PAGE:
- Roll the dough out on a floured surface. I recommend keeping the dough about 1/4″ thick, but if you prefer a thicker or cheesier cookie, aim for 1/2″
- Cut into shapes and put on sheet
- Bake for 6-8 minutes
- Allow to cool completely before icing.
(This recipe can be doubled to make about 4 dozen)
- 1 c sugar
- ½ c butter (if you like a chewier cookie, add a bit more butter.)
- 1 large egg
- 1 Tbsp milk
- 1 tsp vanilla extract
- 1/2 tsp almond extract
- 1/4 tsp salt
- 1/2 tsp baking powder
- ½ teaspoon xanthan gum (or, if you cannot use or stand gum, try the following: grind up about 2 Tbsp chia seeds, add 4 Tbsp boiling water and mix very quickly. Allow this to stand for about 5 minutes, and then add this mixture in place of the gum)
- 2 cups gluten-free all-purpose flour (I almost exclusively use King Arthur brand. You may also mix flours, as in part almond, part all purpose. However keep in mind that certain flours yield grainy textures or simply do not hold together.)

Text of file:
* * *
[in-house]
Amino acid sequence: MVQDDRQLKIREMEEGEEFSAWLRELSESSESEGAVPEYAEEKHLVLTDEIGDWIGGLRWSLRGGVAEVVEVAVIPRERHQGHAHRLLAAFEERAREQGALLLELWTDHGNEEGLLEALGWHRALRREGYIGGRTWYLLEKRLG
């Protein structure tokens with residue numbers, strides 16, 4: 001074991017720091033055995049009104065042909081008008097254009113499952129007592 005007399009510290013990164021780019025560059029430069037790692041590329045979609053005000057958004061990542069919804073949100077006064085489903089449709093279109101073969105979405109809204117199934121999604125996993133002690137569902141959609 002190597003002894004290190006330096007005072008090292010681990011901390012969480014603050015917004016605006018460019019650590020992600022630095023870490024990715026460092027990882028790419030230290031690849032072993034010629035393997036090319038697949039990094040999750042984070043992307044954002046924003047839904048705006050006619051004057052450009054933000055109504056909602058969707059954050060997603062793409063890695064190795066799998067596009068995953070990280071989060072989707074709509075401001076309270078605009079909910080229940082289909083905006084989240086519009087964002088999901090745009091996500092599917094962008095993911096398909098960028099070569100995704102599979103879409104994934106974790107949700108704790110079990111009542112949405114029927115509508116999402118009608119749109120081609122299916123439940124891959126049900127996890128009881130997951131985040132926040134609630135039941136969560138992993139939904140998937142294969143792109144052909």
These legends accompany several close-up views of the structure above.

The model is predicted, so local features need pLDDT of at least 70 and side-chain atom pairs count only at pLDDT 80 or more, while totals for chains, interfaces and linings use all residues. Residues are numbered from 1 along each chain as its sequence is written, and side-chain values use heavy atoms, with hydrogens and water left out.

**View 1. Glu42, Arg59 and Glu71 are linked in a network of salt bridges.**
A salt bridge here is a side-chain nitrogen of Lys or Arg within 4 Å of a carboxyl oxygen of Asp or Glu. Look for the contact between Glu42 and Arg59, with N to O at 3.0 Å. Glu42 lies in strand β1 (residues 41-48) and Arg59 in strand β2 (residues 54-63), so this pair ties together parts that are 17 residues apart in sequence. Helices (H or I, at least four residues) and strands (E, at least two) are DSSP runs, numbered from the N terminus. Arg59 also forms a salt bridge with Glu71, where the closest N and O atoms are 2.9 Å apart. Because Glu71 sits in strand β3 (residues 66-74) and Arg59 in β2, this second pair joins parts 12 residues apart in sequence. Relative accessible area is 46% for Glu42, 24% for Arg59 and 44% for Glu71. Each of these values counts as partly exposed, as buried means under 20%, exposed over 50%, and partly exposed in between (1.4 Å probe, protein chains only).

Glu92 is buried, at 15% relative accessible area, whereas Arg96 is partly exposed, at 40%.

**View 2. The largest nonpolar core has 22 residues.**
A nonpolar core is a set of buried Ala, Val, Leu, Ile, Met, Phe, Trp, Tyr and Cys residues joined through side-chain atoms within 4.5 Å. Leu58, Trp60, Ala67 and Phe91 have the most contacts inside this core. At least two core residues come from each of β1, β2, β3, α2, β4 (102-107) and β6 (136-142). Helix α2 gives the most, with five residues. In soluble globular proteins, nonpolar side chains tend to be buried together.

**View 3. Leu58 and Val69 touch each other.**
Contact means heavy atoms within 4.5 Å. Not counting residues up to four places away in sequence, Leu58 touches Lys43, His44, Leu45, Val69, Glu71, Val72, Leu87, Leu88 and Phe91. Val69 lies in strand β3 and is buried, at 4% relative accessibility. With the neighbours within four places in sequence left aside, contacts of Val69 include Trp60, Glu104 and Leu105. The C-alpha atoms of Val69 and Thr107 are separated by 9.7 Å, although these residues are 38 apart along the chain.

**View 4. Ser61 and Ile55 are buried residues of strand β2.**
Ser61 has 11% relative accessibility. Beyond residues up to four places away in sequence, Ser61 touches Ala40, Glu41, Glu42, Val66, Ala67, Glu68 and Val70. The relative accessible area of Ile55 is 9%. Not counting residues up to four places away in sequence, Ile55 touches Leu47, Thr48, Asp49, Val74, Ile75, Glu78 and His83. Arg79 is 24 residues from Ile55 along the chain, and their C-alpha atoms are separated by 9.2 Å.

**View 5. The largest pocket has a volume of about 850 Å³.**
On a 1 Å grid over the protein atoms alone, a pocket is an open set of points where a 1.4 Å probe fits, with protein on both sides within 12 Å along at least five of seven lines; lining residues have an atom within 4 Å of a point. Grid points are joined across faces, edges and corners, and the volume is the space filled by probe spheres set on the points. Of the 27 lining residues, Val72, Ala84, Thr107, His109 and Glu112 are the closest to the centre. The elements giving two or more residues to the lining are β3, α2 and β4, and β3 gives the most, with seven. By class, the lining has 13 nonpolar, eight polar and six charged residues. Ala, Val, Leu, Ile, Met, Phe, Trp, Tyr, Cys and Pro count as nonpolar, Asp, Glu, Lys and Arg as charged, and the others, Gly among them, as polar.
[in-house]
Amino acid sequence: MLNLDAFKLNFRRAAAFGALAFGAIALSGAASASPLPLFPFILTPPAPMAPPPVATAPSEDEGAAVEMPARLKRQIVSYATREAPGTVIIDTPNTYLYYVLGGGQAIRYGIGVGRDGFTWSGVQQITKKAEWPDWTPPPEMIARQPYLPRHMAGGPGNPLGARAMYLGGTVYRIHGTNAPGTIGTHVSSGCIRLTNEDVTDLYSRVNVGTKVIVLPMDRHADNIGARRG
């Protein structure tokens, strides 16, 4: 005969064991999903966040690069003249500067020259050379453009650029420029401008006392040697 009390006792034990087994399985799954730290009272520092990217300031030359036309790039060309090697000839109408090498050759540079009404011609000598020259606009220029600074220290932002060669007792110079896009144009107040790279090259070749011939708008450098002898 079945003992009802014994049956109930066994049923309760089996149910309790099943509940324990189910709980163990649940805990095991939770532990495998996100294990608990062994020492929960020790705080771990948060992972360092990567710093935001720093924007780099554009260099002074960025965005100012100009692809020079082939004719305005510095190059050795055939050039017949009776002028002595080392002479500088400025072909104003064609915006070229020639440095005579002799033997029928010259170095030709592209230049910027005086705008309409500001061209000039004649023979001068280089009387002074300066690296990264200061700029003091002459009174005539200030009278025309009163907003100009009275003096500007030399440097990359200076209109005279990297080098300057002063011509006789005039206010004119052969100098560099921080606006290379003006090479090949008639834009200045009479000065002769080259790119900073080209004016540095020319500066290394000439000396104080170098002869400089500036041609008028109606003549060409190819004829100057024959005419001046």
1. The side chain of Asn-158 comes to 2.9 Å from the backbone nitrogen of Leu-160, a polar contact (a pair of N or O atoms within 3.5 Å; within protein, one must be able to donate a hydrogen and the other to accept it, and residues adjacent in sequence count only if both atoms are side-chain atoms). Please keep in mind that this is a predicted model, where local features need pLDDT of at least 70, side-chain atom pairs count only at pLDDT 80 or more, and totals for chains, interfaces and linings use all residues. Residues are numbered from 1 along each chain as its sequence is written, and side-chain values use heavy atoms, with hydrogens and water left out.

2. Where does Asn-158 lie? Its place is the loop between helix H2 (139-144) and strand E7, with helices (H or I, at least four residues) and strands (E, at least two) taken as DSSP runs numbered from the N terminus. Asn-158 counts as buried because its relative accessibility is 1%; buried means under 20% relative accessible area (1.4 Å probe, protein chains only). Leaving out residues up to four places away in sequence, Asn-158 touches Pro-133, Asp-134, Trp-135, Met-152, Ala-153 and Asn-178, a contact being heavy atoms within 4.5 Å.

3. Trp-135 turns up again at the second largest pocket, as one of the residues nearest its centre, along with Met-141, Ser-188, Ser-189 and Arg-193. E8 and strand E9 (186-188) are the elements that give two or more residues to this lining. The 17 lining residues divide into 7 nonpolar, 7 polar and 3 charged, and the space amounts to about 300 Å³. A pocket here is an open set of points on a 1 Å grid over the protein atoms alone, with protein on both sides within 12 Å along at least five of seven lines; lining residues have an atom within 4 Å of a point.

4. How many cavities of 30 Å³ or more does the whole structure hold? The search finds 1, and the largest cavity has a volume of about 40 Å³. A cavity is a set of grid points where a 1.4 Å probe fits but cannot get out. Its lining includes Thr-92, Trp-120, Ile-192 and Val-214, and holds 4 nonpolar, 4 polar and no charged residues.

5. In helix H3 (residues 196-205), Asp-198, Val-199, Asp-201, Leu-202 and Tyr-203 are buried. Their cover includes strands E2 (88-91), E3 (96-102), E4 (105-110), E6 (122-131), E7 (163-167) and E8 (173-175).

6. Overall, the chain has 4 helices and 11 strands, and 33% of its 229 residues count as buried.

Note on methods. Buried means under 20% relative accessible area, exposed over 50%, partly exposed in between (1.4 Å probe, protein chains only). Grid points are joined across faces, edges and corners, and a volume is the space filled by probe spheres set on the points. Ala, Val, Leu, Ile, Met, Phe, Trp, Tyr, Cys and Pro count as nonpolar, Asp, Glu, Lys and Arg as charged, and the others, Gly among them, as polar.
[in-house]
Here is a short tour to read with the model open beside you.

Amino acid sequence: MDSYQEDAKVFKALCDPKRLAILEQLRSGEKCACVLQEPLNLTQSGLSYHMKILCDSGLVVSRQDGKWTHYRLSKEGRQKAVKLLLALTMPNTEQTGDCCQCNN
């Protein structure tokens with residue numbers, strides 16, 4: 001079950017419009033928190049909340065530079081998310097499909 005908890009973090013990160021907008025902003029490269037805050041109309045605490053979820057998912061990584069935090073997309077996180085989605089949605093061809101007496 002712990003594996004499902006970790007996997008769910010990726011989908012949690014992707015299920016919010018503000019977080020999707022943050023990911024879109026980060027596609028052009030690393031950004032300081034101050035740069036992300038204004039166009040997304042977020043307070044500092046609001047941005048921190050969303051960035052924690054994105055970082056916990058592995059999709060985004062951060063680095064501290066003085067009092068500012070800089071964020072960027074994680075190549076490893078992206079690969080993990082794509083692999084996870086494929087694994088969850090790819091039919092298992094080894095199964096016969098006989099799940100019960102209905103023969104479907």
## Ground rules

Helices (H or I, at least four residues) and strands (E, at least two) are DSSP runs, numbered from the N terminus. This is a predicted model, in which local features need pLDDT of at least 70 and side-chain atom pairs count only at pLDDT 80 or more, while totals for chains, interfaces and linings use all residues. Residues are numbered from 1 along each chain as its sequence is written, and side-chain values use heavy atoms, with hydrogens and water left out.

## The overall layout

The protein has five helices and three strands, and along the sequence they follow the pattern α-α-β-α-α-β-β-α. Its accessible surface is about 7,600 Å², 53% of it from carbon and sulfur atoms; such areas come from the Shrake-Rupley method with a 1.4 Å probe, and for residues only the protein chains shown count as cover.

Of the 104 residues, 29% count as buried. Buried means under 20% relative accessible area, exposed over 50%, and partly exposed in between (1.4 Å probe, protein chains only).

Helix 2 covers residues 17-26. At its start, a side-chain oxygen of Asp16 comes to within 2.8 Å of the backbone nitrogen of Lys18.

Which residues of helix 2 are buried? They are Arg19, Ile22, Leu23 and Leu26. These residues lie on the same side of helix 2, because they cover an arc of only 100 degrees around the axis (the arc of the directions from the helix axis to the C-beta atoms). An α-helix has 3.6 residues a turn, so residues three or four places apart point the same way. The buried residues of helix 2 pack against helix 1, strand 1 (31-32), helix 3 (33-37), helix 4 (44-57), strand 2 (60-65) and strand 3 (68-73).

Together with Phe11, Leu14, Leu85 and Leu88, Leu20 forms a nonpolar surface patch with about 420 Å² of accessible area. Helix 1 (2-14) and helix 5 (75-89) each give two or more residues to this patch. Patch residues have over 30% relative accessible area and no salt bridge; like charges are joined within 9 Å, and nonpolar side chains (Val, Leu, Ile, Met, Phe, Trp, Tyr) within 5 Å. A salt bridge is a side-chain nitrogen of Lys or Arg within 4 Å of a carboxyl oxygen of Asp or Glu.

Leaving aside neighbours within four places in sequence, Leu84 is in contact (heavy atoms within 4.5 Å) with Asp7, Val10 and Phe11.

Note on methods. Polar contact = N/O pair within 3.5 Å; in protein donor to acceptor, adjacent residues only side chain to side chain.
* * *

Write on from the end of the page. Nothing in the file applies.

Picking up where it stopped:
- Cream the butter and sugar
- Add the egg, milk, and extracts
- Add the gum or chia mixture
- Incorporate the flour, salt, powder
- Chill for at least an hour, but better of overnight
- Preheat oven to 350F
- Roll out and cut into shapes. Works best if one rolls it out on parchment, puts the cutters in place, peels off the excess and slides the parchment onto the baking sheet. As these can be a bit sticky.
- Bake for 10-12 minutes or so, depending upon how crispy you want them
- Allow to cool before removing from the sheet.
- I find them easier to ice if I refrigerate them over night first